People show angry or aggressive behaviors behind the wheel for various reasons. As a potentially dangerous activity, driving requires interaction between strangers in streets where there is a poor medium available for communication (Joint, 1995). In fact, drivers usually find little chance to quietly explain their actions, questioning those of the other street users, negotiating with other drivers or seeking compromise (Parkinson, 2001). That is why drivers may get across ambiguous messages under traffic conditions. Moreover, rational decisions made behind the wheel are poorly supported by information from the surrounding environment, since drivers find is so easy to blame others and interpret their reactions as hostility which is contrary to truth of the matter (Fong et al., 2001; James and Nahl, 2000; Walters, 2000).

There are three frequently observed human failures behind the wheel, including traffic violations (speeding, drinking behind the wheel), traffic errors (poor eyesight or miscalculation), and mental lapses (absent-mindedness) (Stradling et al., 1991). Among these actions, traffic violations are the only factor statistically contributing to aggravated accident involvement (Parker et al., 1995).

The dangerous cases of driving behavior can be associated with poor car handling techniques or inadequate skills rather than personal intention to harm other street users. There is ample evidence suggesting that deliberate, aggressive driving is pretty rampant (Scott-Parker, 2009). In fact, aggressive driving style involves several behavioral manifestations, including verbal, physical or vehicular expressions (Deffenbacher et al., 2002).

Four decades ago, aggressive driving style was deemed a significant problem concerning traffic safety (Parry, 1968; Whitlock, 1971). Nonetheless, the issue of aggressive driving has only recently been recognized. Nowadays, this aberrant driving style is seen as a problem found everywhere around the world.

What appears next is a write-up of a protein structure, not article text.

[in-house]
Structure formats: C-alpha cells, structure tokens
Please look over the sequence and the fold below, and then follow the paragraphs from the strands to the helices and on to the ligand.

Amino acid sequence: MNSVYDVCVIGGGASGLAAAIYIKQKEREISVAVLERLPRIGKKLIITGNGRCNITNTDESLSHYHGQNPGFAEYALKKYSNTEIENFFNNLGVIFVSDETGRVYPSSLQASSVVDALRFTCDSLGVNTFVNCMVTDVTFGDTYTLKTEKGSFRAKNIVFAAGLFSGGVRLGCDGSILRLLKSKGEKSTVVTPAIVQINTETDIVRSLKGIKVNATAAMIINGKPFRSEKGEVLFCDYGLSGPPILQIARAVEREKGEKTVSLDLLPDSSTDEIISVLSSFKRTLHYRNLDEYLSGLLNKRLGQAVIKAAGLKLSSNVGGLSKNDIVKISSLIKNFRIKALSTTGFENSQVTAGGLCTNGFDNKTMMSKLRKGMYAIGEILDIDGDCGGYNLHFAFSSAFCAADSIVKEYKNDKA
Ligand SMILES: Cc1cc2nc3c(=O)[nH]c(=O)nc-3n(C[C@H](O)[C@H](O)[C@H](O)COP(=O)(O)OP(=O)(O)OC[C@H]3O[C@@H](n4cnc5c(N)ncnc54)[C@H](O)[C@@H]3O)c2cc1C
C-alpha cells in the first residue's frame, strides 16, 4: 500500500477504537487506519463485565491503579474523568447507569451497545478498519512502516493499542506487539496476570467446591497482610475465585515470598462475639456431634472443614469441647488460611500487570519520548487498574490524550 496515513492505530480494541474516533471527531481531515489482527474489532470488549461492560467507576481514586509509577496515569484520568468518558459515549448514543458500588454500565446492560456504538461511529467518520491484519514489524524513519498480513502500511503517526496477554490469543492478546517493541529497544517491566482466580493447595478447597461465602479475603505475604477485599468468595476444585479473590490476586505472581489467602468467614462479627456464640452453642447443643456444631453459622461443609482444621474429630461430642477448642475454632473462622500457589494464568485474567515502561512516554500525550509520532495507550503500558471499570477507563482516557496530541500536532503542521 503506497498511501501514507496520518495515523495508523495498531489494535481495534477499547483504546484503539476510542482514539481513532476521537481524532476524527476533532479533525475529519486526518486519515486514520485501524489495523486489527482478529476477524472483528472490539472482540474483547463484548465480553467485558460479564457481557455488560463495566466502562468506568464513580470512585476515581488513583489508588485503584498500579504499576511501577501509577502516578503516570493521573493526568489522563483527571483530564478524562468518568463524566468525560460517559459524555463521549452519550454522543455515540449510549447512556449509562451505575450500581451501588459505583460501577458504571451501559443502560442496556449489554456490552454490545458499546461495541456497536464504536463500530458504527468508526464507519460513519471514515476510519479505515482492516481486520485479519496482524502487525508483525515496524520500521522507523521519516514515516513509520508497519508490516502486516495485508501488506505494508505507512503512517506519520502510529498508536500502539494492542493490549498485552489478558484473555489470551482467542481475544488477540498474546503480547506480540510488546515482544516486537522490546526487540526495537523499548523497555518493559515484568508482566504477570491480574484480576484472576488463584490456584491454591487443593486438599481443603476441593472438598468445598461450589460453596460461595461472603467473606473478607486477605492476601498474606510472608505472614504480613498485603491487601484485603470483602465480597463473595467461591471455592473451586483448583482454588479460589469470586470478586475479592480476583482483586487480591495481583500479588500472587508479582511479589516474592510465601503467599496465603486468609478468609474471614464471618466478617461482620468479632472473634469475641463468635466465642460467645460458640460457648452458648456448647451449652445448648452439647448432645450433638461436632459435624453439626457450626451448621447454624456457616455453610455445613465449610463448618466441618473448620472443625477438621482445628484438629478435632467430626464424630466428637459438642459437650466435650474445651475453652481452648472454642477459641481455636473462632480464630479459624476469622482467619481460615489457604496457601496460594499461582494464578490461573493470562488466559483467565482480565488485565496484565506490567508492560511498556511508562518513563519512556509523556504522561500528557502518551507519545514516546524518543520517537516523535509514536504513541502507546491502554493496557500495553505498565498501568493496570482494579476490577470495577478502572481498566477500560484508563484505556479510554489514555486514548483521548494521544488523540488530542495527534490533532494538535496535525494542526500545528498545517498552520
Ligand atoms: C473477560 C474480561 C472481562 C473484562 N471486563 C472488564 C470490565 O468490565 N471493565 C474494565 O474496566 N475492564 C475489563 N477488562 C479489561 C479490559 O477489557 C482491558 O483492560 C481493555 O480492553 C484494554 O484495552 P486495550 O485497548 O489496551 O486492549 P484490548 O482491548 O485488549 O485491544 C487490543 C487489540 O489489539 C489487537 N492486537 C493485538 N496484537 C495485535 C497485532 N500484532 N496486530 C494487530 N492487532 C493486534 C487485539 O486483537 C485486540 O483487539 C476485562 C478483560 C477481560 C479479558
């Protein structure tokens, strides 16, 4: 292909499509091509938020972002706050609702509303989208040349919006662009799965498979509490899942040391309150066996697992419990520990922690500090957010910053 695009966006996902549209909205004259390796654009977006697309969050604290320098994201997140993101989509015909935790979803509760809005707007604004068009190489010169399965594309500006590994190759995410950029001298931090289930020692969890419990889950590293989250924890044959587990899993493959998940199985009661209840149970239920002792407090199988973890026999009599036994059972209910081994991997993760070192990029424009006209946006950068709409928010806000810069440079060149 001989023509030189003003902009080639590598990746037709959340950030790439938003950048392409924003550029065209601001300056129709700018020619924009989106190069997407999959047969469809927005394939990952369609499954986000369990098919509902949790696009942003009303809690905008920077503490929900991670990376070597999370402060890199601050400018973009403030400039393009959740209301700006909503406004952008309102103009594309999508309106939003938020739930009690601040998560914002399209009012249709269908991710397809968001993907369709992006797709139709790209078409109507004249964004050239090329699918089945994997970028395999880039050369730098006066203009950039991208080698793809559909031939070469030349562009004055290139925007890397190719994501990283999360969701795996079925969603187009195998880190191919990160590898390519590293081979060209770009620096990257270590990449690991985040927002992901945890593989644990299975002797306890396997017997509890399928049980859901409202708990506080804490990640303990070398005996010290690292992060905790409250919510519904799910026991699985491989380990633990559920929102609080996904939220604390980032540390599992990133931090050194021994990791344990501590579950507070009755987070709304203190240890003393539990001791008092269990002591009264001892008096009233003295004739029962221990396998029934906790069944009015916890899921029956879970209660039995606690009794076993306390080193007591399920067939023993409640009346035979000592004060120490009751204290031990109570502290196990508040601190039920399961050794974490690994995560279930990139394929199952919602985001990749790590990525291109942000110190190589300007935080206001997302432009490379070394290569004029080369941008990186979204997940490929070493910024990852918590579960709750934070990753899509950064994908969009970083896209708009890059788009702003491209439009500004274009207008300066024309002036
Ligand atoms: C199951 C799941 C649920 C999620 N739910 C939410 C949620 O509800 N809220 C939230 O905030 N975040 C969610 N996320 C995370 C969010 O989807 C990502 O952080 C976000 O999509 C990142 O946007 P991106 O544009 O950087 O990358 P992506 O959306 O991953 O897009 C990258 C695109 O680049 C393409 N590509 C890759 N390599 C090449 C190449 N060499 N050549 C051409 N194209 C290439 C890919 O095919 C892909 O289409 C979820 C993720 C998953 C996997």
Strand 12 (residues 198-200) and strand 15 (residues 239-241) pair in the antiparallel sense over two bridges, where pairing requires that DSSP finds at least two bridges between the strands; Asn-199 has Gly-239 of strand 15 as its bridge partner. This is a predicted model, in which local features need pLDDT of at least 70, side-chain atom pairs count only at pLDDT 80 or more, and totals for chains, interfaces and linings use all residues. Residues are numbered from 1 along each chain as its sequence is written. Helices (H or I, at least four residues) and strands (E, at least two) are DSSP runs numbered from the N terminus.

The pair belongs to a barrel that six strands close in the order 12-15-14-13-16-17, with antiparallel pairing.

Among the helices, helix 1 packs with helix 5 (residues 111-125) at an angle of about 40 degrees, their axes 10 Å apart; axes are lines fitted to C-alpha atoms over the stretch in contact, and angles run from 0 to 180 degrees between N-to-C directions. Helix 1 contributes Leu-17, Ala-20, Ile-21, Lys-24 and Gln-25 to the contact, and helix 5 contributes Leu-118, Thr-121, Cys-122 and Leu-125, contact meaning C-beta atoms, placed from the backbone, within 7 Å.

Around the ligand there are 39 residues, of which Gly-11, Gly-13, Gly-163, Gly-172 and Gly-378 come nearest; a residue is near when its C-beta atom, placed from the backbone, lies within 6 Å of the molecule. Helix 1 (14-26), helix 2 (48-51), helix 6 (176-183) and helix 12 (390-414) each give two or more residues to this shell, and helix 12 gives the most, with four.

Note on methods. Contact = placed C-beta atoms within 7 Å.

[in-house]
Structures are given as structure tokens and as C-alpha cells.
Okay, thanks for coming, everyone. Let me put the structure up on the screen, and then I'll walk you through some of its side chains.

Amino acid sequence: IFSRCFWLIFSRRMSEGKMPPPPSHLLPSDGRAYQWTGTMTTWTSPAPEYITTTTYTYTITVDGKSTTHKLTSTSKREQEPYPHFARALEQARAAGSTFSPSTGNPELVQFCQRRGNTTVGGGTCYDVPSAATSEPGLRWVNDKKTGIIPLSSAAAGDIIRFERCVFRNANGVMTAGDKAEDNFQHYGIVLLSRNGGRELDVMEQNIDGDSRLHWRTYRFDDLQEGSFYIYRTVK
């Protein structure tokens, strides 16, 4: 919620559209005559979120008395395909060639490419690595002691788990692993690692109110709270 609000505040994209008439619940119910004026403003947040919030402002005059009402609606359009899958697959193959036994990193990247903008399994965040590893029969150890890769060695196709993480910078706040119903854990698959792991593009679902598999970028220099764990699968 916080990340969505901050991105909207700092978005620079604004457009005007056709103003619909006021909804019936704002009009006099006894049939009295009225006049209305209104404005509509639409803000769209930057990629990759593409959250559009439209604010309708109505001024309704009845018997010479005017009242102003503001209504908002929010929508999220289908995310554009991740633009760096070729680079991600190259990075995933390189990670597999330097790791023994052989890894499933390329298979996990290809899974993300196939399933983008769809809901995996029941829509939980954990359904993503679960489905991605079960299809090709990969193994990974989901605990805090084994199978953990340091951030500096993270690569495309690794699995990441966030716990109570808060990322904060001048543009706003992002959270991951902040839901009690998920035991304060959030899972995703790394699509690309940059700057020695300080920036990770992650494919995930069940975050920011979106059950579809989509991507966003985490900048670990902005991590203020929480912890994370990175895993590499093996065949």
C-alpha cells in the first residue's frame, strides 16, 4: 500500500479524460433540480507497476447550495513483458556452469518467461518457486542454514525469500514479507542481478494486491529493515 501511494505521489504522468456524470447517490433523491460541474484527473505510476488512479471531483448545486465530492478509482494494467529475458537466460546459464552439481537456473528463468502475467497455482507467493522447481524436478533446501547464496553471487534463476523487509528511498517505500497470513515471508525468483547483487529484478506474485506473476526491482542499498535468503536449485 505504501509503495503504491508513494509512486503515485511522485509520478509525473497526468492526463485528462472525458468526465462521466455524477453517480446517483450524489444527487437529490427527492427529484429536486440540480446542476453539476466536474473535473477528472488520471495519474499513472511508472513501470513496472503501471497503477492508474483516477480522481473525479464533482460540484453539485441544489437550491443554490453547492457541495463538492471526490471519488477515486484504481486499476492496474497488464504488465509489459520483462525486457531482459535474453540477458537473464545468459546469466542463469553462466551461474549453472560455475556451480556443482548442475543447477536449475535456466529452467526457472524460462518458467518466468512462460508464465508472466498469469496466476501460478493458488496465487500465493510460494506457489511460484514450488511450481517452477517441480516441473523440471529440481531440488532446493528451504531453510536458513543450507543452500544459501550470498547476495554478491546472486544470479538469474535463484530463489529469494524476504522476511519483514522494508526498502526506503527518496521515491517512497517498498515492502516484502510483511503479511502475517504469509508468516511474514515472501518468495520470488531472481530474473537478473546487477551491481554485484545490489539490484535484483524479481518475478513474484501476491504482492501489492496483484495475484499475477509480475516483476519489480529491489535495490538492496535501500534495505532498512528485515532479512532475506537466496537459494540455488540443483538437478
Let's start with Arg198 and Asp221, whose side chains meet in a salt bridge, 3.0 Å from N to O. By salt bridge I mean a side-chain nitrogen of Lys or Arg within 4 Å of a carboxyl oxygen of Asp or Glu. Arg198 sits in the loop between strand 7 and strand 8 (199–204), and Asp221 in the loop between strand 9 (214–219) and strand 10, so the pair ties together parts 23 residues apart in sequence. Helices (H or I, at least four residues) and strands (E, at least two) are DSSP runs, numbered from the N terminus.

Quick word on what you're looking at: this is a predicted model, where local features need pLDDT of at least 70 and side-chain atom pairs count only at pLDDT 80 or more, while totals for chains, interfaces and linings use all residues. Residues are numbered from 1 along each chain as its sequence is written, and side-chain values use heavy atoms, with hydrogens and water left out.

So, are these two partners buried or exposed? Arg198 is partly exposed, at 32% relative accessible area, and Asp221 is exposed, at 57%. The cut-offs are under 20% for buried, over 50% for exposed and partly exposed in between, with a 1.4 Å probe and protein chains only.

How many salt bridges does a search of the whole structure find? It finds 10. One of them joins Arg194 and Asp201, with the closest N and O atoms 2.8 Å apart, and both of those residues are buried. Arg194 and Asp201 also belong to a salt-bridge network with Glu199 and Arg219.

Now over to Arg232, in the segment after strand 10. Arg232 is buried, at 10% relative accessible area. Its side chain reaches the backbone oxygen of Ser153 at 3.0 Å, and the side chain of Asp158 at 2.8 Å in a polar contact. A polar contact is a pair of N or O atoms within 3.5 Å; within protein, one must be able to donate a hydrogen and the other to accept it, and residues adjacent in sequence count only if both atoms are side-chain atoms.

It has been demonstrated that the tendency to aggressive behaviors is a completely durable personality trait among drivers, which persists over time and can be found in a variety of situations (Berkowitz, 1993). Individuals showing aggressive behavior tend to perform similarly in other areas of their lives (Lajunen and Parker, 2001). Aside from that, behavior is to a large extent affected by biological variables such as gender and age (Foss, 2007). In fact, previous studies focusing on the demographic factors contributing to dangerous driving style have revealed that gender and age are linked to risky driving. More specifically, younger drivers tend to violate the traffic rules more frequently than older ones (Groeger and Brown, 1989; Parker et al., 1995). Furthermore, a number of researchers have demonstrated that younger male drivers exhibit a lower level of normative motivation to abide by traffic laws voluntarily (Yagil, 1998). Personal traits are not only linked to the rate of traffic accidents, but are also associated with the frequency of traffic violations. For instance, Shinar et al. (2001) reported that fastening the seat belt was positively correlated with the age and education level of drivers. In fact, drivers are more likely to lower their speed with age, while such tendency fades away at higher education and income levels. Fosgerau (2005) discovered that driving speed was negatively correlated with the driver’s age, while positively correlated with income level. In this respect, social and cultural characteristics are major effective parameters involved in traffic safety regardless where the driver falls in terms of social class. Previous studies indicated that road-related conditions (quality, lighting, and weather) affect how severe traffic accidents occur (Hijar et al., 2000). Although weather conditions are crucial, they are barely within the control of policy-makers who make great efforts to curtail the risk of severe traffic accidents. Nevertheless, it is critical that planners and insurance companies carry out an impact assessment of weather conditions on traffic safety, mainly relying on the road safety record of drivers when setting the premium rates.